Only children

Parents of 'onlies' say: One kid is just right  

Feb. 6, 2013 at 8:51 AM ET

Is America suffering a major “baby bust?” In a recent Wall Street Journal story, writer Jonathan V. Last notes the nation’s falling fertility rate, calling it the root cause of many of our economic problems and warning that it’s only going to get worse from here.

Last cites the fact that middle-class women in the U.S. have a fertility rate of 1.6, not so far off from the 1.54 fertility rate of Chinese women, who live under the country’s one-child policy. When fertility rates drop, Last says, a country’s age profile begins to shift, population contracts, and nations struggle.

But while Last discusses the falling fertility rate in terms of finances and population dynamics, for most families, the decision of how many children to have is primarily an emotional one. Their choice of family size can’t be simply explained by demographic trends like divorce rates, later marriages and the rising cost of education.

Many parents say their ultimate decision comes from the gut.

Devon Corneal, a lawyer and blogger in Montclair, N.J., who has a 5-year-old son and a teenage stepson from her husband’s previous marriage, says she’s known since she was very young that she wanted to be a parent— but also that she wanted one child.

“When I actually had my baby,” she says, “it only reinforced how I always felt, and I knew a bigger family just wasn’t what I wanted for me personally.”

Some women go into motherhood without a preconceived number in mind, and discover that one is right for their family after they have their first baby.

Jeanne Sager mom to 7-year-old old Jillian and staff writer for The Stir, who lives in upstate New York, says she and her husband “just knew they wanted to be parents,” but weren’t thinking about how many kids they would or wouldn’t have when they decided to start their family. In fact, Jeanne was 23 when she got pregnant, giving her plenty of time if they decided on a larger family. But after having their daughter, they both realized that “one really works perfectly for us.”

Jeanne Sager and daughter Jillian
Courtesy Jeanne Sager
Jeanne Sager and daughter Jillian

“Of course, there’s no ‘right’ number of children,” says psychiatrist and TODAY contributor Dr. Gail Saltz. “Choosing to have a child is a very personal choice between you and your partner. There’s no equation that will make you happy or unhappy.”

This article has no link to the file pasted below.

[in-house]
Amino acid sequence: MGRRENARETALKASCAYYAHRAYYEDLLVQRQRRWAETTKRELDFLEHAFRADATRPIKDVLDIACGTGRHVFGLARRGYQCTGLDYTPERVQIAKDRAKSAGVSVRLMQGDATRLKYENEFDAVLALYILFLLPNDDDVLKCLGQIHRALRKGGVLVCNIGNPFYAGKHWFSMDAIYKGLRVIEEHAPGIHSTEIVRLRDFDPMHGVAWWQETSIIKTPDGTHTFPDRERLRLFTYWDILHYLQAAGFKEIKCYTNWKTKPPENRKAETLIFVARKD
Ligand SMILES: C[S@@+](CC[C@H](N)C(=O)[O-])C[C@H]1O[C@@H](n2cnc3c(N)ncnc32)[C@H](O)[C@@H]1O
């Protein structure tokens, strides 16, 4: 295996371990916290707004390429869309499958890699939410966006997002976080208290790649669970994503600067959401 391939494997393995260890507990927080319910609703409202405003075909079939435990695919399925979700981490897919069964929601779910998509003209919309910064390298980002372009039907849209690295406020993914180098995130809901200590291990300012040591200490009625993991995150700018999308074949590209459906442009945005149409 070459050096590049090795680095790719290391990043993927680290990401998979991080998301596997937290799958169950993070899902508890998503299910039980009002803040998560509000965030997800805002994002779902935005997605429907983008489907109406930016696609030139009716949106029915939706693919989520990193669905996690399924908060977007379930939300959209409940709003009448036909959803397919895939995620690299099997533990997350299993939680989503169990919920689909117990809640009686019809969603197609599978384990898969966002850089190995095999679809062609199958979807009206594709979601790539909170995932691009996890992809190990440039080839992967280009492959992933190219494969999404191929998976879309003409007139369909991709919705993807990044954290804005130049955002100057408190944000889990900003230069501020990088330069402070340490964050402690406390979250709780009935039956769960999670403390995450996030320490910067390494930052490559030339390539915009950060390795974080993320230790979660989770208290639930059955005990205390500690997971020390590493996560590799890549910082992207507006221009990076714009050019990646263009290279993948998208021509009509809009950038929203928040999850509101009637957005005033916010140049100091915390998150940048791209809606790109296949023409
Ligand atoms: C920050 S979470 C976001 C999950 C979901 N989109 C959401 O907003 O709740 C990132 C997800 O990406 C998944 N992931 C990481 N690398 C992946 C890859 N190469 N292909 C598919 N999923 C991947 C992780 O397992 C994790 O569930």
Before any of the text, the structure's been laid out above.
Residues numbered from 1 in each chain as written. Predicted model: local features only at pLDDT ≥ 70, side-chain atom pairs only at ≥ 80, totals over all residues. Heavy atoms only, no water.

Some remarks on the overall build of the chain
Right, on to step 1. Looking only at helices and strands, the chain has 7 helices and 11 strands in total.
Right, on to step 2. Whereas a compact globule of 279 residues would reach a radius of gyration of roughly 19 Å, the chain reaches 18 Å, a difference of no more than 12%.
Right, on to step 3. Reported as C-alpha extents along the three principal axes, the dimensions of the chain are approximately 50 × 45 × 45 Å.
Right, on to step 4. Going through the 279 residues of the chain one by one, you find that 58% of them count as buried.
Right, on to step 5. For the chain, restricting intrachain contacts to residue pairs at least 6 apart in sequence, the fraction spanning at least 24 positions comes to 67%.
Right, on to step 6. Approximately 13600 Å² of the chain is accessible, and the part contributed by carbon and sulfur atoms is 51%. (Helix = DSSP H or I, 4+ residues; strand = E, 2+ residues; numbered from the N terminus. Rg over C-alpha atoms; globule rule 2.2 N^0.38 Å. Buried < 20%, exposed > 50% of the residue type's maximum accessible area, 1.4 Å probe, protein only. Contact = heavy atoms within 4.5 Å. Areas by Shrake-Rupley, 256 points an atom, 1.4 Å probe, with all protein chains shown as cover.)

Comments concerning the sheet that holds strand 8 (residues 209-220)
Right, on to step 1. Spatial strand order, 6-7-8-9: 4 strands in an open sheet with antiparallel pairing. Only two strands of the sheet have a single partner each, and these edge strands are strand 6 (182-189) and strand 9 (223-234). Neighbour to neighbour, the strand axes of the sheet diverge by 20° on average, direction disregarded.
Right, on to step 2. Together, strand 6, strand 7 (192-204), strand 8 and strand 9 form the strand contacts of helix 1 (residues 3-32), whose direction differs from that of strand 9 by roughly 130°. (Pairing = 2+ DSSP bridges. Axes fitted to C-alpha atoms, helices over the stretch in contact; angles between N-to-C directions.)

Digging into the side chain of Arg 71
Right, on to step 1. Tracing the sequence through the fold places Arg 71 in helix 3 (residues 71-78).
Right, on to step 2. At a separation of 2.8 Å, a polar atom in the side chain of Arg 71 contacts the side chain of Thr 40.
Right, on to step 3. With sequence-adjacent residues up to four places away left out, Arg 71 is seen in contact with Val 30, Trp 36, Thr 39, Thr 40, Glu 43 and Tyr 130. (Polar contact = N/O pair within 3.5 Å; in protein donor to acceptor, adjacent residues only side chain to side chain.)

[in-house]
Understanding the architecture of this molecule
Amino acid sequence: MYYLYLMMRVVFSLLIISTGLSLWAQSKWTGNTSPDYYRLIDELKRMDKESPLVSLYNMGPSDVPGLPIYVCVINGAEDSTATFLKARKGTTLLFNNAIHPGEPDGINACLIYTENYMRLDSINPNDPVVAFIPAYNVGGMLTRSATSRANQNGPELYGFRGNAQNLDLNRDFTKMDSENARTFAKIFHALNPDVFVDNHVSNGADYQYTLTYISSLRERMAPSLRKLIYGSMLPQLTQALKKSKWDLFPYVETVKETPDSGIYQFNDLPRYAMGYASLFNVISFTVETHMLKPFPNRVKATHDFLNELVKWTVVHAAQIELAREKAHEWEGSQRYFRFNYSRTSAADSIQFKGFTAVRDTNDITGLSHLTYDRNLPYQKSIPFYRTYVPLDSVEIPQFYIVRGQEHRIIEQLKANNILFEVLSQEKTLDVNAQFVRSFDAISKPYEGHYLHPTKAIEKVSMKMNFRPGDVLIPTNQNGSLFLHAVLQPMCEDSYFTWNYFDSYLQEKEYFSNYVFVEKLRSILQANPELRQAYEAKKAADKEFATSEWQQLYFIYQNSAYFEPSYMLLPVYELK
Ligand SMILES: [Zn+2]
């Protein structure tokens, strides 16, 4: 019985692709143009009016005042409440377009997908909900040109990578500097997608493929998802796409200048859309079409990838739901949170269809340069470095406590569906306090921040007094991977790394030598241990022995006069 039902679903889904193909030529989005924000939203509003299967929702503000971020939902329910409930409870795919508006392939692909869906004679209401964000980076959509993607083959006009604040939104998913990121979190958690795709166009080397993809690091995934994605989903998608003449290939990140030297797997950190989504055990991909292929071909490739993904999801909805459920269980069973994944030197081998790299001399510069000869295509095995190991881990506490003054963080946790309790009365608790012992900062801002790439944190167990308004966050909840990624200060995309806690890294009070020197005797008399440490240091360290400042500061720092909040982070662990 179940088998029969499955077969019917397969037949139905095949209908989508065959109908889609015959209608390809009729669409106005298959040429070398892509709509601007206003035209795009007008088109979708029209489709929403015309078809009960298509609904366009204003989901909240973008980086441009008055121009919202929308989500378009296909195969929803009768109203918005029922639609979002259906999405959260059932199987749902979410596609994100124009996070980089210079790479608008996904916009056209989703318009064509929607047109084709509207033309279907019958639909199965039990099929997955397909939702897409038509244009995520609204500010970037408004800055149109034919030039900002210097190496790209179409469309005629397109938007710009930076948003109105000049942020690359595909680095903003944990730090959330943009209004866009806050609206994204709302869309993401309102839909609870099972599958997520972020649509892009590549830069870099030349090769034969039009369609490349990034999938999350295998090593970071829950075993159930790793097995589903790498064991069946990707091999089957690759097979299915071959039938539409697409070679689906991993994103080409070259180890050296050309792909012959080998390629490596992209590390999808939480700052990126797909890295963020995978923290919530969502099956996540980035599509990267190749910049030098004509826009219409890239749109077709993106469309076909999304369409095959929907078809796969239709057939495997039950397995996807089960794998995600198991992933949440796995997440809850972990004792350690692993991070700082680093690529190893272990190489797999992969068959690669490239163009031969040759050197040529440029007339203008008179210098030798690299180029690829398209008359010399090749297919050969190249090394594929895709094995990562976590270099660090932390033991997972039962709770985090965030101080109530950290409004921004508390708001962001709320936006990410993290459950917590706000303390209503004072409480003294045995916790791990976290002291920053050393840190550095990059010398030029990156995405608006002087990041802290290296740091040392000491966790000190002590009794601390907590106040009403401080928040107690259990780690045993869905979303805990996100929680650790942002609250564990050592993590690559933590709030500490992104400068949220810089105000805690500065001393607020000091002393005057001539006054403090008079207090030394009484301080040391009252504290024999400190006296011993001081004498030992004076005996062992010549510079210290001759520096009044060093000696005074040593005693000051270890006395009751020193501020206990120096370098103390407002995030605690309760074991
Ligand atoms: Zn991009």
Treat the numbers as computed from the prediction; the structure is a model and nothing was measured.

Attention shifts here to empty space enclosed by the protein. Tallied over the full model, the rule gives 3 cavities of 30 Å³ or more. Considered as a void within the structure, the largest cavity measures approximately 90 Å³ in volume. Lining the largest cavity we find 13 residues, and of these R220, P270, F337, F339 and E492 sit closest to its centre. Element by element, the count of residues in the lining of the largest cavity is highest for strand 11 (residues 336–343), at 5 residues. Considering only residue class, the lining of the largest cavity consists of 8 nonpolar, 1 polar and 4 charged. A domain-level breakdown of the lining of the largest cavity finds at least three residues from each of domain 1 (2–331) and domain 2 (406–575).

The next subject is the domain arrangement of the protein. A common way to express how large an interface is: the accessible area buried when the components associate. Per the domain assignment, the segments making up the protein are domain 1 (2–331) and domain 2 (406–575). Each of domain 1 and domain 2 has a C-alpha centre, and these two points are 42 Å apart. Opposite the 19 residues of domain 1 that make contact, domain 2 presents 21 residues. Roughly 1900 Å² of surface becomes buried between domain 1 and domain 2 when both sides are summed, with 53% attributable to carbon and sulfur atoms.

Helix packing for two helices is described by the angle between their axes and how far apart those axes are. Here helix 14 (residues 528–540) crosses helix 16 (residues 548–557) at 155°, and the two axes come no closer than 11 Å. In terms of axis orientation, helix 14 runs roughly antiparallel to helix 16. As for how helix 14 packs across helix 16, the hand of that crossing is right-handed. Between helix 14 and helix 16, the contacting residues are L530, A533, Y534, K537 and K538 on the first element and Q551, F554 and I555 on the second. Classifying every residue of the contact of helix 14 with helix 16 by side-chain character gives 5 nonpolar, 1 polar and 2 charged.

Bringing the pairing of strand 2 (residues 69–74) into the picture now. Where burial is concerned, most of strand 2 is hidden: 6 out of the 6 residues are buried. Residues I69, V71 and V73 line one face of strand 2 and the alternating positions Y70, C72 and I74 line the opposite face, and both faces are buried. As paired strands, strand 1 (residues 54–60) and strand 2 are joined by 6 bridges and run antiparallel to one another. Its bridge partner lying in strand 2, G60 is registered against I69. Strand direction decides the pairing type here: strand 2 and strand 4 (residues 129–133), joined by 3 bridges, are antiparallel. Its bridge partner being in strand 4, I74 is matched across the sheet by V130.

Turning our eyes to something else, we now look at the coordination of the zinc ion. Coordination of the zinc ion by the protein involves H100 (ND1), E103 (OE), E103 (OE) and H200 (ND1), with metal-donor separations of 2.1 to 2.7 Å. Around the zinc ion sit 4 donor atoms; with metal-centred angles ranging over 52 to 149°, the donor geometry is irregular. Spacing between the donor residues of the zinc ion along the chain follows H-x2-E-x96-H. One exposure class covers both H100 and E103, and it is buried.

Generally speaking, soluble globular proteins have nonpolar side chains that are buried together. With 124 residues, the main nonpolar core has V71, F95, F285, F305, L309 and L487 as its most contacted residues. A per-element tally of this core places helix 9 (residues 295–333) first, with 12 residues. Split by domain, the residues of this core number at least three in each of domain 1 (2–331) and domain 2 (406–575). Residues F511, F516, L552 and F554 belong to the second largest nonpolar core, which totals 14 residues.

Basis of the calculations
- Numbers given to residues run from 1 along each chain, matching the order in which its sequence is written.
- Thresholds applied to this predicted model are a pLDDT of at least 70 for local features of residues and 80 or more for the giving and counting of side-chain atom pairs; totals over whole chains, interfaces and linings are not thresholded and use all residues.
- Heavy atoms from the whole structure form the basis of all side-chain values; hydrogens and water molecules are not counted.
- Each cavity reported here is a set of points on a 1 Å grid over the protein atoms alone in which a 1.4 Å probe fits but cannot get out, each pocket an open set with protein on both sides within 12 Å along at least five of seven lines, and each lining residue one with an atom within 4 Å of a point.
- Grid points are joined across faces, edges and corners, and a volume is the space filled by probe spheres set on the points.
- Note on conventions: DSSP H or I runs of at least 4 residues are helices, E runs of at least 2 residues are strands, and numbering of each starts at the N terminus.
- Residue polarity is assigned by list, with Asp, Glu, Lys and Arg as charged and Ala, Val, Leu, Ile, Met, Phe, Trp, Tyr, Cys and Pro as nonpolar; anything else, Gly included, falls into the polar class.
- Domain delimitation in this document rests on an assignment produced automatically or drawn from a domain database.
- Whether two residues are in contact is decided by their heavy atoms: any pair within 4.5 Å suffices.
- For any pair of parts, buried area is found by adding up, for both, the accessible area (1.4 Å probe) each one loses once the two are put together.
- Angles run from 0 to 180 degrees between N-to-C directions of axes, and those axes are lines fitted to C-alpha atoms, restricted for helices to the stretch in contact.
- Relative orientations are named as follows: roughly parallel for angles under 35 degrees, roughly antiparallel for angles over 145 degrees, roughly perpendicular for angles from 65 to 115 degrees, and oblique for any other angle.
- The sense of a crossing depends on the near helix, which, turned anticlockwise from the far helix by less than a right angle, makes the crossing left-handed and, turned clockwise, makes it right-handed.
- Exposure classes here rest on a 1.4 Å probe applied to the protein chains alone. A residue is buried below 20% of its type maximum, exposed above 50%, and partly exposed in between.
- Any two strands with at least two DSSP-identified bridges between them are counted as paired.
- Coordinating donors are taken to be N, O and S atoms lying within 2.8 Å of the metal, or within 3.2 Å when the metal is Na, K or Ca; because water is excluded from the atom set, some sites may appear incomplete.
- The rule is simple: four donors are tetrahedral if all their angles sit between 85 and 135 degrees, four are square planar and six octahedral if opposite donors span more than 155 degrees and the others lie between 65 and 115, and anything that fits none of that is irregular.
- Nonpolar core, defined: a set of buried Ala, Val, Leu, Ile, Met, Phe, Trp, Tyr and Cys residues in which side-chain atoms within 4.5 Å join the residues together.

As Saltz explains, there are just so many psychological factors, both conscious and unconscious, that go into how many children you want to have. Things like whether you have a sibling yourself, your current relationship with him or her, and the family experiences you had growing up all play into your decision about the number of children that will make you happiest as a parent.

Francine Jay, a mother in Pennsylvania and author of “The Joy of Less, A Minimalist Guide,” blogged about the pressure she felt to have another child before her daughter was out of diapers.

But today, with her daughter a year old, Jay says she and her husband have come to the decision together that one is the perfect number for their family.

At first glance, Jay may look a lot like a model for America’s declining fertility. She and her husband were together for over a decade before they decided to start a family, and they lived what she describes as a “pretty carefree, nomadic life with few responsibilities.” They traveled extensively and now both have careers, which they’d rather not put on hold for more kids.

For them, the choice to have one child felt instinctive. “We knew we didn’t want to be childless, but we still had a hard time picturing ourselves with children,” says Jay. “For us one child turned out to be the sweet spot in between.”

Susan Newman, a social psychologist and author of “The Case For the Only Child,” advises all parents to go with their gut — and not to bend to social pressures to have more kids if that’s not what will make you happiest.

“You have to go with what works for you,” says Newman. “It’s not like the 1950’s anymore, with the white picket fence and the boy and the girl and the dad who goes off to work every day. That’s just not reality.”

When Wendy Widom, a Chicago mom and president of Families in the Loop, was asked by her 6-year-old daughter why she’s an only child, Widom told her: “You know how you feel so happy and full after a yummy, hot-fudge sundae with rainbow and chocolate sprinkles on top, like there’s nothing else in the world you could possibly ever need or want?”

Well that, Widom says, “is exactly how it’s been for your dad and me since we had you.”

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